Abstract

On-site and near-site distributed power generation (DG), as part of a Buildings Cooling, Heating and Power (BCHP) system, brings both electricity and waste heat from the DG sources closer to the end user’s electric and thermal loads. Consequently, the waste heat can be used as input power for heat-activated air conditioners, chillers, and desiccant dehumidification systems; to generate steam for space heating; or to provide hot water for laundry, kitchen, cleaning services and/or restrooms. By making use of what is normally waste heat, BCHP systems meet a building’s electrical and thermal loads with a lower input of fossil fuel, yielding resource efficiencies of 40 to 70% or more.

To ensure the success of BCHP systems, interactions of a DG system — such as a microturbine and thermal heat recovery units under steady-state modes of operation with various exhaust backpressures — must be considered. This article studies the performance and emissions of a 30-kW microturbine over a range of design and off-design conditions in steady-state operating mode with various backpressures. In parallel with the experimental part of the project, a BCHP mathematical model was developed describing basic thermodynamic and hydraulic processes in the system, heat and material balances, and the relationship of the balances to the system configuration. The model can determine the efficiency of energy conversion both for an individual microturbine unit and for the entire BCHP system for various system configurations and external loads. Based on actual data from a 30-kW microturbine, linear analysis was used to obtain an analytical relationship between the changes in the thermodynamic and hydraulic parameters of the system. The actual data show that, when the backpressure at the microturbine exhaust outlet is increased to the maximum of 7 in. wc (0.017 atm), the microturbine’s useful power output decreases by from 3.5% at a full power setting of 30 kW to 5.5% at a one-third power setting (10 kW), while the efficiency of the unit decreases from 2.5 to 4.0%, accordingly.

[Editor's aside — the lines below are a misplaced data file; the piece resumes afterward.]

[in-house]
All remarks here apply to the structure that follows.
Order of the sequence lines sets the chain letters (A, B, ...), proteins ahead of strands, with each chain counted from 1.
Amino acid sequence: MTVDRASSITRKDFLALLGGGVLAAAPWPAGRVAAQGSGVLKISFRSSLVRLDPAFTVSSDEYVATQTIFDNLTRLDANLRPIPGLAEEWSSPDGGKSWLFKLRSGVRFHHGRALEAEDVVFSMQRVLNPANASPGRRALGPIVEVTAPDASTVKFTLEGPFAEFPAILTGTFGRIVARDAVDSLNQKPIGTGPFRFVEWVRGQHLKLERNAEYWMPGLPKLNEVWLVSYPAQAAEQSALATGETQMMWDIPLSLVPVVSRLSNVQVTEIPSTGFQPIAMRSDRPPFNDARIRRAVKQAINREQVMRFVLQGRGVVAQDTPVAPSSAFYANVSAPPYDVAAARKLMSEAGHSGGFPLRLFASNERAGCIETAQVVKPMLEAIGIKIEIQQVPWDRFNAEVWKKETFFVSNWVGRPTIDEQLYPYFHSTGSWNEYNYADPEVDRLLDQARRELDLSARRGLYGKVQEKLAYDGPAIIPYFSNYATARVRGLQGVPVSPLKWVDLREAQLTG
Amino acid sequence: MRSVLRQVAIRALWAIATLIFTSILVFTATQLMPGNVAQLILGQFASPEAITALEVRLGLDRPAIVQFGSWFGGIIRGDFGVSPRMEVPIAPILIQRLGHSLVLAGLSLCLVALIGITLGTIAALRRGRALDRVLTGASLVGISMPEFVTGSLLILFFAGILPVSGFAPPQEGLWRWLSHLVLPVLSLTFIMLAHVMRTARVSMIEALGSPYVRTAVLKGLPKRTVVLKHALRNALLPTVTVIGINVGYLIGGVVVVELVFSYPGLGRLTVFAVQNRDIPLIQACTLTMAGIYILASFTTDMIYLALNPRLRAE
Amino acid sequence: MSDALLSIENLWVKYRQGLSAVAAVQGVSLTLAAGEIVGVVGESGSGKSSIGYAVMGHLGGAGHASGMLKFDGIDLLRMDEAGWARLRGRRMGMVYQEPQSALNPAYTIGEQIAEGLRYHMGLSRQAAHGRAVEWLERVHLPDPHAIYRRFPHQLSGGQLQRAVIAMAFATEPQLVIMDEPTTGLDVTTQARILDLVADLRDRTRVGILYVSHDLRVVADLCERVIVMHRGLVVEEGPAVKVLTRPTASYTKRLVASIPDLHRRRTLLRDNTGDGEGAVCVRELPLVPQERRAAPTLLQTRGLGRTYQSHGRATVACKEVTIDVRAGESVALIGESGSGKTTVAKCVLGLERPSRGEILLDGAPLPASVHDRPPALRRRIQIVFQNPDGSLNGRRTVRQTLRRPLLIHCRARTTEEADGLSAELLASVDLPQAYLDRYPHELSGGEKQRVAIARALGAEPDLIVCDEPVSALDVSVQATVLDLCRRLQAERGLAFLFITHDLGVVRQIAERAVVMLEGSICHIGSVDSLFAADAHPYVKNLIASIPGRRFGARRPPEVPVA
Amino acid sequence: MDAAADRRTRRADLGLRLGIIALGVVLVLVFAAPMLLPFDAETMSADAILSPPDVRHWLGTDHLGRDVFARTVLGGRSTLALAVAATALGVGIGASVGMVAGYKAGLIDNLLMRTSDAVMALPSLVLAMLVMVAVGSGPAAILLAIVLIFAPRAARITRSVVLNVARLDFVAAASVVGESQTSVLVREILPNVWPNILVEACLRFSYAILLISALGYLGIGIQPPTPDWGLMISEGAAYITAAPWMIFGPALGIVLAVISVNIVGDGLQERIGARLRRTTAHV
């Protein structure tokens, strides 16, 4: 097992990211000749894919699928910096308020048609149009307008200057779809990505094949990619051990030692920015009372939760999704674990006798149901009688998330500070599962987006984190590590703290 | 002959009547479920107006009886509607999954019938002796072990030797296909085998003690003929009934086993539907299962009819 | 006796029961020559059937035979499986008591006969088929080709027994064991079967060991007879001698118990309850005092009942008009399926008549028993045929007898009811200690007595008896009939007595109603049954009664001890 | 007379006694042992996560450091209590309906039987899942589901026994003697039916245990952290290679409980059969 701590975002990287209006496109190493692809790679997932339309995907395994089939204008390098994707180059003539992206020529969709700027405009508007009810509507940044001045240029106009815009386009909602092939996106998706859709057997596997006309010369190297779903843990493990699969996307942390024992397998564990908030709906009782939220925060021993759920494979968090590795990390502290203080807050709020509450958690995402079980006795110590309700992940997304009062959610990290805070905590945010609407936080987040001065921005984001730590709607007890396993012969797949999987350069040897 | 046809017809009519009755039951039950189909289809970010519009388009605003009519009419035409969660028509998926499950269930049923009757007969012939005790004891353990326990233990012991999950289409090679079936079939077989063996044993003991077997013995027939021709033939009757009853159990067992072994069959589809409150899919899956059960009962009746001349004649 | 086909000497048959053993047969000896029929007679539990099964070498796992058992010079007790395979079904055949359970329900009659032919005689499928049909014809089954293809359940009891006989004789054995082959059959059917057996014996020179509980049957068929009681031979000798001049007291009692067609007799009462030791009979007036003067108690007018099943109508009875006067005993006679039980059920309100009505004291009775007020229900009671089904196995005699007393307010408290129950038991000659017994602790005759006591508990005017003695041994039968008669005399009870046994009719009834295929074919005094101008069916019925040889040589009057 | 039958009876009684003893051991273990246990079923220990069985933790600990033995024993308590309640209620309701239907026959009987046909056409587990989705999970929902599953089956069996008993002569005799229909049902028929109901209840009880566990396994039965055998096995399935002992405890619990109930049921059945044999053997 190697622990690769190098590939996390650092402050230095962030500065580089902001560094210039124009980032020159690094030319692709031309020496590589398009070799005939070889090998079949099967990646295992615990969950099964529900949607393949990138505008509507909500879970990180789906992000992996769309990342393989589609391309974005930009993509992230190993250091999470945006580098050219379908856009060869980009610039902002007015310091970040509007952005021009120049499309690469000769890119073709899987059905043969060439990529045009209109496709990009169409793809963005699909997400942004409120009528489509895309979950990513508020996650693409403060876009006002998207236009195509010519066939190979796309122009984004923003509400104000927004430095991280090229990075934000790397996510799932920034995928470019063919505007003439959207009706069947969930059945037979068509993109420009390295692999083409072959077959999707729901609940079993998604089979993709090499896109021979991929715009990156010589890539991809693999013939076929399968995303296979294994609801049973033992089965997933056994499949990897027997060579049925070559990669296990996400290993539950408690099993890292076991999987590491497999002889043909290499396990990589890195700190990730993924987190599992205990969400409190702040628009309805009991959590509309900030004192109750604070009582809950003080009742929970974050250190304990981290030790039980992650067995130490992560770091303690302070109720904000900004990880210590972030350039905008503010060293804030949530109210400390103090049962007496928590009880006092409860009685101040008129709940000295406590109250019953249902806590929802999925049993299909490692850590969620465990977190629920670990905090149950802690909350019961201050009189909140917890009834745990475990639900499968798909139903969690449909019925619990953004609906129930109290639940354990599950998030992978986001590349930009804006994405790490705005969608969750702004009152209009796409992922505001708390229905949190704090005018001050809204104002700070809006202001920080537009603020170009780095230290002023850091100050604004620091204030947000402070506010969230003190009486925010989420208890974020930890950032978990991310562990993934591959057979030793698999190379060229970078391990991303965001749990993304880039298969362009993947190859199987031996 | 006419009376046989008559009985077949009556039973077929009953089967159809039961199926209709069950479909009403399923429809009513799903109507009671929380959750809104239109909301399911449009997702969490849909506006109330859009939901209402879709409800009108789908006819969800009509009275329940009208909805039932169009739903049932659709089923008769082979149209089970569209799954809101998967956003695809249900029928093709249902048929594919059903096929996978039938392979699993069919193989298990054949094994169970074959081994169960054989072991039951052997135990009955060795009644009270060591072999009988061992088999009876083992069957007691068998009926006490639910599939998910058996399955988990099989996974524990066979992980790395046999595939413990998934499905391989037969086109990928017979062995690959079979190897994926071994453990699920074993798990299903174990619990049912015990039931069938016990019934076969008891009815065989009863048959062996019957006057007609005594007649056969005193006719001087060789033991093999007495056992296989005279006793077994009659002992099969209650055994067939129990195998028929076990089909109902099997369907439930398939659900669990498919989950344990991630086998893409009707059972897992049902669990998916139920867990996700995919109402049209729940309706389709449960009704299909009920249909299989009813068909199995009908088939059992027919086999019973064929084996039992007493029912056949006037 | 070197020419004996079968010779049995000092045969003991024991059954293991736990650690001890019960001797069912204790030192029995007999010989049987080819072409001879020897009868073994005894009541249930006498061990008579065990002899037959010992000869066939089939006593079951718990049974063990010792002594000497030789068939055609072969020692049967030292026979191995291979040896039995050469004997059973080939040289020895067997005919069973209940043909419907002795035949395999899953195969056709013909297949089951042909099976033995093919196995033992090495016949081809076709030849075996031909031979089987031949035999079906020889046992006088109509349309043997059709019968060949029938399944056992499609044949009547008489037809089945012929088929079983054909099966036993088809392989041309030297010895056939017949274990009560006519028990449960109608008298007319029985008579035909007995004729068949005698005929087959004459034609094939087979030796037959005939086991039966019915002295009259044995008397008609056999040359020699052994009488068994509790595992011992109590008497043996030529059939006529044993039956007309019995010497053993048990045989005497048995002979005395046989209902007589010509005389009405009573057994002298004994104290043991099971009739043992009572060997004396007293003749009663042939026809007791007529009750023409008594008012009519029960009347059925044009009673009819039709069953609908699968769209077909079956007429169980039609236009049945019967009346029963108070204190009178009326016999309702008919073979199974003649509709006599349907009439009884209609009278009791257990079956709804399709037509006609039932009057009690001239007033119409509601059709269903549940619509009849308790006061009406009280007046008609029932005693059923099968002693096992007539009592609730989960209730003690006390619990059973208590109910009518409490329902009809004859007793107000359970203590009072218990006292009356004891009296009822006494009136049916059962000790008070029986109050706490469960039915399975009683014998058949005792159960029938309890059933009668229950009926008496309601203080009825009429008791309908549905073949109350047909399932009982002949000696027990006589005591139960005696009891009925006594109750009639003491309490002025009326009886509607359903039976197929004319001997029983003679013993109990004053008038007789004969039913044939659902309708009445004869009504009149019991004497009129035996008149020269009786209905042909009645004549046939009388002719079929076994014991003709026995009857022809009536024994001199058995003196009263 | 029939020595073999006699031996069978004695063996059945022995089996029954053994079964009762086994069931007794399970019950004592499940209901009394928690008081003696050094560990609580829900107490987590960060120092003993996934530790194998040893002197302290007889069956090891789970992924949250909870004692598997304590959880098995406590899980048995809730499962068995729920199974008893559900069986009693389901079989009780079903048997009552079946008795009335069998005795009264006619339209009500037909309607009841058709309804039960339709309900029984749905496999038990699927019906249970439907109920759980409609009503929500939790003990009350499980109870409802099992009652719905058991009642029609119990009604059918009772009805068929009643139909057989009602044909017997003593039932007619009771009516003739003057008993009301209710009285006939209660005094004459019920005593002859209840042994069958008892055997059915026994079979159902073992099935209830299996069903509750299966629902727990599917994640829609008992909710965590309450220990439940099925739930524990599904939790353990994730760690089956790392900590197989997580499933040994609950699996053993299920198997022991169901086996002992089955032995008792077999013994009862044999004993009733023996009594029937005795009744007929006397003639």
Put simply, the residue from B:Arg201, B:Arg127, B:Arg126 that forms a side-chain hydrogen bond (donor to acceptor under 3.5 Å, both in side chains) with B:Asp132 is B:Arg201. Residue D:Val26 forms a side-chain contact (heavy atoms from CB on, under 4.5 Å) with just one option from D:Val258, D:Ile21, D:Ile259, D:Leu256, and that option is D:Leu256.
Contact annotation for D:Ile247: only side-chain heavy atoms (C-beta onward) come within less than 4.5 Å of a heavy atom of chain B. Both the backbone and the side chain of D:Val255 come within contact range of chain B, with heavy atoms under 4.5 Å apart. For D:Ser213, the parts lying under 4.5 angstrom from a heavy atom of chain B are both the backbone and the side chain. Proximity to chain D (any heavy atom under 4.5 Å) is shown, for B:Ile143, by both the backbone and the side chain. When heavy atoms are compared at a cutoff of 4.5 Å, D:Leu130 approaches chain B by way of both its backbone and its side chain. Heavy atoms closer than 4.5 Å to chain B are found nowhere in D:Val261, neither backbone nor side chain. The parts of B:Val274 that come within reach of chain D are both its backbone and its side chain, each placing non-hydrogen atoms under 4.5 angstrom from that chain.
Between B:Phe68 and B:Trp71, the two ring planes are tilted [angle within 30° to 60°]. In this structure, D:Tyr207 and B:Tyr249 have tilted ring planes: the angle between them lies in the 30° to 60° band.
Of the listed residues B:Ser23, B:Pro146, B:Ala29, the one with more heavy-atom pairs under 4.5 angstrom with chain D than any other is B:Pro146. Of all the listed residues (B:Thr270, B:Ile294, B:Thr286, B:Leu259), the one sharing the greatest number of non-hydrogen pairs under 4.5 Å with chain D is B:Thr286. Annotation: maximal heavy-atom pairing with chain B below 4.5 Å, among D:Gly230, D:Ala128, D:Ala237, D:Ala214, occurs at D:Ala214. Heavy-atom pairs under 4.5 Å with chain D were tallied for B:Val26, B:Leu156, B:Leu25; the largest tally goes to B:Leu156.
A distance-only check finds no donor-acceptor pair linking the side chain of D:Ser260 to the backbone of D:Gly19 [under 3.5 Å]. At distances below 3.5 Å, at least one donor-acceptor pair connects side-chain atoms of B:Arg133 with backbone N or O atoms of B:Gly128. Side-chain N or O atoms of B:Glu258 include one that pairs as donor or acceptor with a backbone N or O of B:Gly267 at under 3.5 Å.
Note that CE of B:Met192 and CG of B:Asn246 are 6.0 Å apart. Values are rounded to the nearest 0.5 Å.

Tests on the microturbine were conducted at the Cooling, Heating, and Power Laboratory set up at the Oak Ridge National Laboratory’s Buildings Technology Center. Data were collected from the microturbine at power demand settings of 30 kW (full load) to 10 kW in 5-kW increments. For each power demand setting, data measurements were taken over an entire range of microturbine exhaust backpressures. The parameters measured were engine speed, ambient air temperature, air temperature at the microturbine inlet, gas temperature at the turbine outlet, exhaust gas temperature, throttle pressure loss, flow rate of natural gas, and composition of combustion products. The mathematical model provided gas temperature before the turbine, compression rate, and air flow rate, which were determined based on the measured data. The results of these early tests and the computer-based simulation model are in very close agreement.

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